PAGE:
Catching Up With The Plague
The plague. It's not just a disease of the past.
This highly contagious killer is striking again across the globe. Nearly 3,000 people caught the plague last year, and hundreds have died. It's an ugly and painful death "“ if you're really curious and really brave, here are the some examples via Google Images.
Just days ago the WHO (not that "The Who," the World Heath Organization) issued a warning, pointing out that precautions need to be taken in case the plague is used as a biological weapon. If an attack like that happened, it most certainly wouldn't be the first time the plague has been used as a weapon of war. For the last 700 years, the practice has been more common that you might think.
The Corpses of Caffa
In 1346, The Tartar Army was doing its best to capture Caffa, a walled city on the Black Sea in present-day Ukraine. They weren't having much luck, especially after an outbreak of the plague started killing them off. So in what can only be called a strange bit of inspiration (and one of the first instances of biological warfare), the Tartars gathered up the plague-infected corpses and catapulted them over the city walls, using the flying bodies to spread the disease. After the plague started killing off the city's inhabitants, the Tartars easily took Caffa. But although they may have won the battle, the Tartars really lost the war. The newly infected fled the city of Caffa to Italy, spreading the plague everywhere they went, effectively starting the outbreak of Black Death that would kill off much of Europe. [Image courtesy of StupidBeaver.com.]
During the Second World War, Unit 731 "“ a secret unit of the Japanese army "“ was created for the sole purpose of turning illnesses into weapons of mass infection. Masterminded by General Shiro Ishii, this unit conducted horrible experiments on humans, including vivisections without anesthesia (ouch) and unnecessary amputations. General Ishii was especially fascinated by the plague and numerous possibilities it held as a weapon of war, but testing proved difficult. Japanese scientists tried spreading the plague to unsuspecting victims via the water system and through aerosol, but nothing worked. Until, that is, they went back to the basics of the disease.
Someone came up with the idea of using the animal behind the original spread of the plague: the flea. Ceramic bombs filled with infected fleas were dropped on several unsuspecting cities in China (where in a sad twist of fate, the bubonic plague is said to have originally started before making its way to Europe and the rest of the world). The resulting epidemic killed thousands. In all, Unit 731 would be responsible for the deaths of nearly half a million people. [Image courtesy of BU.edu.]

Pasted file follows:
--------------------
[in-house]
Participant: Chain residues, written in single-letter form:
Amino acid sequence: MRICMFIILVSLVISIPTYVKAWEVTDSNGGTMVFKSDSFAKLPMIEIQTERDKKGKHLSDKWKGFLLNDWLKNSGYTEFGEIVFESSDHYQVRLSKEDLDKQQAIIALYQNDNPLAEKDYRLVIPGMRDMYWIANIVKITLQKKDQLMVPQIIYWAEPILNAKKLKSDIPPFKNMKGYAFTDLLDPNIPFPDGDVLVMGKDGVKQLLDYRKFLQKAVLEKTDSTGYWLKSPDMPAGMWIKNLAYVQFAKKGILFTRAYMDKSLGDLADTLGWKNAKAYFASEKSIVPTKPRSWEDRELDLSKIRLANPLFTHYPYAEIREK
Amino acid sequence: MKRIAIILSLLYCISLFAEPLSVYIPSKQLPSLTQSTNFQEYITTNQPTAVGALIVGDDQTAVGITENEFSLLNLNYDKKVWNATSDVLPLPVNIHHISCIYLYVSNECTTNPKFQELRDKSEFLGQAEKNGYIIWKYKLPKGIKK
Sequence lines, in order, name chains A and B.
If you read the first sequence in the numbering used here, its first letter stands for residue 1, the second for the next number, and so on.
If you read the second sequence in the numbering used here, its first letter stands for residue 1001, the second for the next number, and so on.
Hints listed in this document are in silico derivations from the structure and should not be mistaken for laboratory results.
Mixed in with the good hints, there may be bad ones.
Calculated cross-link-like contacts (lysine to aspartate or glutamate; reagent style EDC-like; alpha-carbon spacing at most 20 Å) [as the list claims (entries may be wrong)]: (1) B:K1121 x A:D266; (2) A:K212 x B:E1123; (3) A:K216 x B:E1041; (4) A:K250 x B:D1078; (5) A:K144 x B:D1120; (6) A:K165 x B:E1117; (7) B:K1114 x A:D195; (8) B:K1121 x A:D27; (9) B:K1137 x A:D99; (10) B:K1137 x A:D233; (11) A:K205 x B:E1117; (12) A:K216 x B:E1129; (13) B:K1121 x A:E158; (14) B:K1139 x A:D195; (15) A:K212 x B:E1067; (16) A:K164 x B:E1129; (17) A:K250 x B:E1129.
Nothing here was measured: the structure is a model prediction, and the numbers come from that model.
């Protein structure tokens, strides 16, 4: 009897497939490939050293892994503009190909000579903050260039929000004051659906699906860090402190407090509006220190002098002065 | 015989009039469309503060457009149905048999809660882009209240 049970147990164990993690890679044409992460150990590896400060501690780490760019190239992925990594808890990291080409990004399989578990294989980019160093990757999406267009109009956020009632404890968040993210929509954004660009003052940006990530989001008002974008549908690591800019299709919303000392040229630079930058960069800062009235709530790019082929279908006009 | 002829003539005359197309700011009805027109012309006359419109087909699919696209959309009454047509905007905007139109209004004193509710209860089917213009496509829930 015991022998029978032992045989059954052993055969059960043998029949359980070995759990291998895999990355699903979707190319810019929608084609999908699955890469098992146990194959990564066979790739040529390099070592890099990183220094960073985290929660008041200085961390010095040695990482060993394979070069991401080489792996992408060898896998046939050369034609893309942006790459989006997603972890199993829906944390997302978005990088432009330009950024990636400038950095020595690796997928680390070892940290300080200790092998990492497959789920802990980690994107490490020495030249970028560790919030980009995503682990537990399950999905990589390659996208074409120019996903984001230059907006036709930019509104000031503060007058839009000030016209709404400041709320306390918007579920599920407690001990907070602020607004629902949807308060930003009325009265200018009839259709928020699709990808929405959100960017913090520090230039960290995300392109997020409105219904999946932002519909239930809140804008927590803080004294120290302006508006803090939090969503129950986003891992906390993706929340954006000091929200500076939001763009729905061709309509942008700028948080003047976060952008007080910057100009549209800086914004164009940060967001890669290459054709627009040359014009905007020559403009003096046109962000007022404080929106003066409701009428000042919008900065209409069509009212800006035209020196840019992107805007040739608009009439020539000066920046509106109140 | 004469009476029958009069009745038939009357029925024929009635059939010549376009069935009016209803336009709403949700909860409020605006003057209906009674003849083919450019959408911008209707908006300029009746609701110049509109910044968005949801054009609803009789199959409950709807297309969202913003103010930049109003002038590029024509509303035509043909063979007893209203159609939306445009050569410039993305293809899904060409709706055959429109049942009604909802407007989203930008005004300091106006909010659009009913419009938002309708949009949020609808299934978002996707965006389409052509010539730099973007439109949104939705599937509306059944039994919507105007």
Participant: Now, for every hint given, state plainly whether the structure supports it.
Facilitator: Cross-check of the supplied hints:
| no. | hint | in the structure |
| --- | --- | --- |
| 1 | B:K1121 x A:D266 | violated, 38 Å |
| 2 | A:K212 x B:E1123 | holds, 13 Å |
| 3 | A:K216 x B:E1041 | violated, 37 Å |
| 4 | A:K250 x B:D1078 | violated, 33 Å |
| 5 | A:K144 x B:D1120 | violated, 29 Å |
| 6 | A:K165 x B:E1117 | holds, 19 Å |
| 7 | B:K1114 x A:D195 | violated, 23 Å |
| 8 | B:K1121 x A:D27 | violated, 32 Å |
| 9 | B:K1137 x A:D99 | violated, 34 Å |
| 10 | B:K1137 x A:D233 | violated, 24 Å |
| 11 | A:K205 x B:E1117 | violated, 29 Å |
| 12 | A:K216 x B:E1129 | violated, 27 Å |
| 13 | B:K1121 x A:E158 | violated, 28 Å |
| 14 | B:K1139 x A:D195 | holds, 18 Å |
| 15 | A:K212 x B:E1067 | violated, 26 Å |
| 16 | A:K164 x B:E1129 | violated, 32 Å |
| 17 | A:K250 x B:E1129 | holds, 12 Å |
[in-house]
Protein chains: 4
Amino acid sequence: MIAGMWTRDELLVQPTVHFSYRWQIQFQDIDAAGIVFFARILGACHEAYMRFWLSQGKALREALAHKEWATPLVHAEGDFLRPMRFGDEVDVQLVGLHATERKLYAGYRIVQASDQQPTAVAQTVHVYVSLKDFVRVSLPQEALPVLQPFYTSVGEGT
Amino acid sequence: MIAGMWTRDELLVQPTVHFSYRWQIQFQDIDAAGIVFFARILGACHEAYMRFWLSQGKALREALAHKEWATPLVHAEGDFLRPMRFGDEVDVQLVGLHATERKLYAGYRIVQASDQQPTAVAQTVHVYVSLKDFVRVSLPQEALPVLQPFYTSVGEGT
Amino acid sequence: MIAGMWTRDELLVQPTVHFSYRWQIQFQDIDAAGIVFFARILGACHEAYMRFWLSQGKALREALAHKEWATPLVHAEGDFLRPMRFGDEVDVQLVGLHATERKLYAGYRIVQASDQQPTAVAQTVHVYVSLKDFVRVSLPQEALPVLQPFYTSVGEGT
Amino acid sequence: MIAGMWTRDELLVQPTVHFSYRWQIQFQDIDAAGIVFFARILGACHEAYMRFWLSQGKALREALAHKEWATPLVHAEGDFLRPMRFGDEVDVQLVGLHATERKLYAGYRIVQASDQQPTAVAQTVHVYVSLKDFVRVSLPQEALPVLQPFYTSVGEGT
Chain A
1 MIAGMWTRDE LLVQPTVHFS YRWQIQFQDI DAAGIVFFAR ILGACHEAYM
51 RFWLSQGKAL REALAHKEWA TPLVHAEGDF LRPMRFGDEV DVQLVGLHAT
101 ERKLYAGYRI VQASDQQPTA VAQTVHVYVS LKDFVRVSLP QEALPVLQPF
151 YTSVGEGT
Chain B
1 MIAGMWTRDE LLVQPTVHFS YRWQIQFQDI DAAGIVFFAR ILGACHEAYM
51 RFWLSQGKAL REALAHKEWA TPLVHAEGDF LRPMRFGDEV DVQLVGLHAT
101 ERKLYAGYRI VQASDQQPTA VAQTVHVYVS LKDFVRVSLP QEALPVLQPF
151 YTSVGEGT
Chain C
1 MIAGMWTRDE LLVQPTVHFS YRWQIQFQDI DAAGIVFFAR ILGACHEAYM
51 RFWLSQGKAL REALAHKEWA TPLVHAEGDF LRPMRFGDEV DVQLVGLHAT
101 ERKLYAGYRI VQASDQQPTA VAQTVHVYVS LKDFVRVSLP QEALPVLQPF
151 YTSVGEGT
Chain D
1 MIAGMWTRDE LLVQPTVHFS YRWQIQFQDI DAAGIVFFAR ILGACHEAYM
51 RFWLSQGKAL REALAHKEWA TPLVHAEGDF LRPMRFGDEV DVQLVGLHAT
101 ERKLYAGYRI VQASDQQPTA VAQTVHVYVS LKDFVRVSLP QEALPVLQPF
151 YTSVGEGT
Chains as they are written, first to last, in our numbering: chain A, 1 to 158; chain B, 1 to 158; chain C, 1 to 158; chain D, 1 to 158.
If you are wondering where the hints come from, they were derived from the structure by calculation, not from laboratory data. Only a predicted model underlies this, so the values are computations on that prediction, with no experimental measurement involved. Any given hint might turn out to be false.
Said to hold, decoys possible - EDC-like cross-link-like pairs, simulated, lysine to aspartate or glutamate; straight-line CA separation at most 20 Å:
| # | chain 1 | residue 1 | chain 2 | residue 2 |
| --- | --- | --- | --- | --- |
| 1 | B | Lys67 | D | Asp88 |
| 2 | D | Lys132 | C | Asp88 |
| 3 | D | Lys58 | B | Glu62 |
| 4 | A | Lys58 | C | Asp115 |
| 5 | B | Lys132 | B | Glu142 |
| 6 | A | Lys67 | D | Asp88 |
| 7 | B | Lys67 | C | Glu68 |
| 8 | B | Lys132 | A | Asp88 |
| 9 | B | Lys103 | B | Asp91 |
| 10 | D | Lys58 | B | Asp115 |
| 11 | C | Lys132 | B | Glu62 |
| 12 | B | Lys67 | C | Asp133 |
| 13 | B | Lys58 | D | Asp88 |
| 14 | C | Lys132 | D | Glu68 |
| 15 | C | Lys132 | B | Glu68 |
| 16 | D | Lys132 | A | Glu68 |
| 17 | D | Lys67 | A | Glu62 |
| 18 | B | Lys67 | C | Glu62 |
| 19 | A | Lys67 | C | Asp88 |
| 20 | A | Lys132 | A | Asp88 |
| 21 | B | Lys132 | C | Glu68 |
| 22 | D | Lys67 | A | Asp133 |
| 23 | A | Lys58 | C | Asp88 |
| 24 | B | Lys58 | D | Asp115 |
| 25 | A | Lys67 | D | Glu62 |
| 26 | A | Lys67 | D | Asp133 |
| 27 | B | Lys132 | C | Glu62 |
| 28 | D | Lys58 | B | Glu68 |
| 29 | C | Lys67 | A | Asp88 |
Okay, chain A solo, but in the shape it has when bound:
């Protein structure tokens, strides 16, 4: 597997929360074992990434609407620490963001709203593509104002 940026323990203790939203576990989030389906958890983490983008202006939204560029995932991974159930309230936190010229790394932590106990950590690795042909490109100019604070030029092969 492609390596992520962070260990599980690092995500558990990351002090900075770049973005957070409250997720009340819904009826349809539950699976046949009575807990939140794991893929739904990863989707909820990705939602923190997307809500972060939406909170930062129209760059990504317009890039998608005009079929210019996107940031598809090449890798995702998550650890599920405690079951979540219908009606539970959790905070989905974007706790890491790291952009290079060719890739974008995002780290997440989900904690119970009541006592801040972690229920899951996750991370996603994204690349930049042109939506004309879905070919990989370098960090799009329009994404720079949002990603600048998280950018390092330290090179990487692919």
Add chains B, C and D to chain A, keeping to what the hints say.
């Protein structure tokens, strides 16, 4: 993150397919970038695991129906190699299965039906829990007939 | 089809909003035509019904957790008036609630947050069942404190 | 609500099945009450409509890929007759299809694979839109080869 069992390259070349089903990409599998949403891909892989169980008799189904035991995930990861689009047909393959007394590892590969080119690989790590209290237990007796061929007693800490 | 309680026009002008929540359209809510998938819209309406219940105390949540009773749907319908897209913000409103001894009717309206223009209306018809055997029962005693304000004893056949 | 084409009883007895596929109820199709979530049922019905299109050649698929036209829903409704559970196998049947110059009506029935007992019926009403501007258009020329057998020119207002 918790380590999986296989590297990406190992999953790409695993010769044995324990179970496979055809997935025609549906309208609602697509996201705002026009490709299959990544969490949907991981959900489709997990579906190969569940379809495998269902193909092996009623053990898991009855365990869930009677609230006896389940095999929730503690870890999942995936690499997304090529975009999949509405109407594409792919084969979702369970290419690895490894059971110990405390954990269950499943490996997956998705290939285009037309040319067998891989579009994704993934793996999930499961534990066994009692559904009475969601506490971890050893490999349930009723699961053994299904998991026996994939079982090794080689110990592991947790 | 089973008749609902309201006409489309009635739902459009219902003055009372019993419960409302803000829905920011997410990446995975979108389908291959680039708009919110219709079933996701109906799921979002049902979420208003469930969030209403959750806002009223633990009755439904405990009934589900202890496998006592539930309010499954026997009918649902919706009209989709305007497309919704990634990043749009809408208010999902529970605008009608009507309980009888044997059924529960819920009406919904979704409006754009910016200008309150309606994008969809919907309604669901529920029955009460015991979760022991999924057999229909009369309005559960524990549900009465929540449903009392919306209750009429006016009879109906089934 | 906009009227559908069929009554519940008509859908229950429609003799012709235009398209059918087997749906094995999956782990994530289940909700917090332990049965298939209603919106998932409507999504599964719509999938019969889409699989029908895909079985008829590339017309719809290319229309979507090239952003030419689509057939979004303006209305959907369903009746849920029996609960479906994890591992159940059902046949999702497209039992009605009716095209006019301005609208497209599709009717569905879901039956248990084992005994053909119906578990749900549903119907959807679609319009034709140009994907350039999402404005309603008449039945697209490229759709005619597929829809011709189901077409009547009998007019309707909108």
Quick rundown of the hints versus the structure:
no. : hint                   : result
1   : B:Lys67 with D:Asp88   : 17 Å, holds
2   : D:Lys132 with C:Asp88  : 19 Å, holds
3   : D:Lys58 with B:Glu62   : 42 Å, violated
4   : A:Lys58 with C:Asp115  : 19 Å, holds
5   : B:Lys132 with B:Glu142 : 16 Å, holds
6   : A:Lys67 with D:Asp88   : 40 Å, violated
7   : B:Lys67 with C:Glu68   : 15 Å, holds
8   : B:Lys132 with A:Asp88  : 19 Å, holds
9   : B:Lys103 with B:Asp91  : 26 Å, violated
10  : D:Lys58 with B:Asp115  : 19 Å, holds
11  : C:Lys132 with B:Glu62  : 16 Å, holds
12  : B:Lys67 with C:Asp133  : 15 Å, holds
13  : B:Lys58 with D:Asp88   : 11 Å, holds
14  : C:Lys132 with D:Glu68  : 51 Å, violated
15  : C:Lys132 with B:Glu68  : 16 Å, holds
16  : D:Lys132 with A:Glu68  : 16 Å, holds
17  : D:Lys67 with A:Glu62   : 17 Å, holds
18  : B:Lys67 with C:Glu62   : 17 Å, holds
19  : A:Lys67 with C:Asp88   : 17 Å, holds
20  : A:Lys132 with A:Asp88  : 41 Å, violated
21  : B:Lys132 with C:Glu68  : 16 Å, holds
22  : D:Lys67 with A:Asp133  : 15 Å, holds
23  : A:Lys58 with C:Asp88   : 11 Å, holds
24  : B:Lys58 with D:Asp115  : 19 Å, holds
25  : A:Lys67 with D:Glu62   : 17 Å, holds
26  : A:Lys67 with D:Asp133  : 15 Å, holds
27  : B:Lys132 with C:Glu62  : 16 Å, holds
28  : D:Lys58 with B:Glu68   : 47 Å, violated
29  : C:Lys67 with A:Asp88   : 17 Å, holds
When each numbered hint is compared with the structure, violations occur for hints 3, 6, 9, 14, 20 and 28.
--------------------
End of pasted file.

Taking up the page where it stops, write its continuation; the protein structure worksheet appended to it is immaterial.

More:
The Cold War Race to the Plague "“ USSR
During the Cold War, the Soviet Union ramped up its efforts to find a use for diseases like the plague. This was nothing new, as they had been stockpiling battle-ready bio-terror weapons for decades. During the mid to late 20th century, the Soviet scientists not only came up with a new strain of the plague that was resistant to both vaccines and antibiotics, they found a way to mass produce it. Former Soviet officials say they had 1,500 metric tons of plague ready at all times for use in their intercontinental ballistic missiles. At all times! Soviet research on bio-terror weapons continued well into the 1990s before being shut down by the government. No word on what they did with the stockpile of plague, but in theory, it should all be dead by now. In theory.
The Cold War Race to the Plague "“ USA
The Soviets weren't alone in their race to weaponize the plague. For decades, the United States tried to create a plague bomb (and a gay bomb, among other things). Their efforts were decidedly less successful than the Soviets. Scientists said they had numerous problems with production and were unable to overcome the challenge of controlling the disease once it had been created. The U.S. is said to have ceased production of the plague and shut down its offensive biological weapons research during the 1970s.
Holding Tucson Hostage
In September of 1978, Tucson, Arizona, Mayor Lewis Murphy started getting threatening letters. Unless demands were met, the sender warned, he would release bubonic plague-carrying fleas on the hapless city. Among the demands was a $500,000 dollar ransom, food for the poor, and for a local hospital to resume performing abortions. The threat of the plague was enough for Mayor Murphy, because he sent the police to deliver the money. But when they arrived at the delivery site, no one showed up. The sender of the letters is still unknown.
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If all these attempts at weaponizing the plague aren't enough to keep you up at night, then how about this: In 1995, a man in Ohio with "suspect" motives was able to buy plague bacilli using fraudulent means through the mail. In the southwestern U.S., there are reports of extremist groups capturing plague-carrying animals. You might be perfectly healthy now. But just remember, someone out there has the plague, and wants you to catch it.
Stefanie Fontanez is an occasional contributor to mentalfloss.com. She won't always be this scary.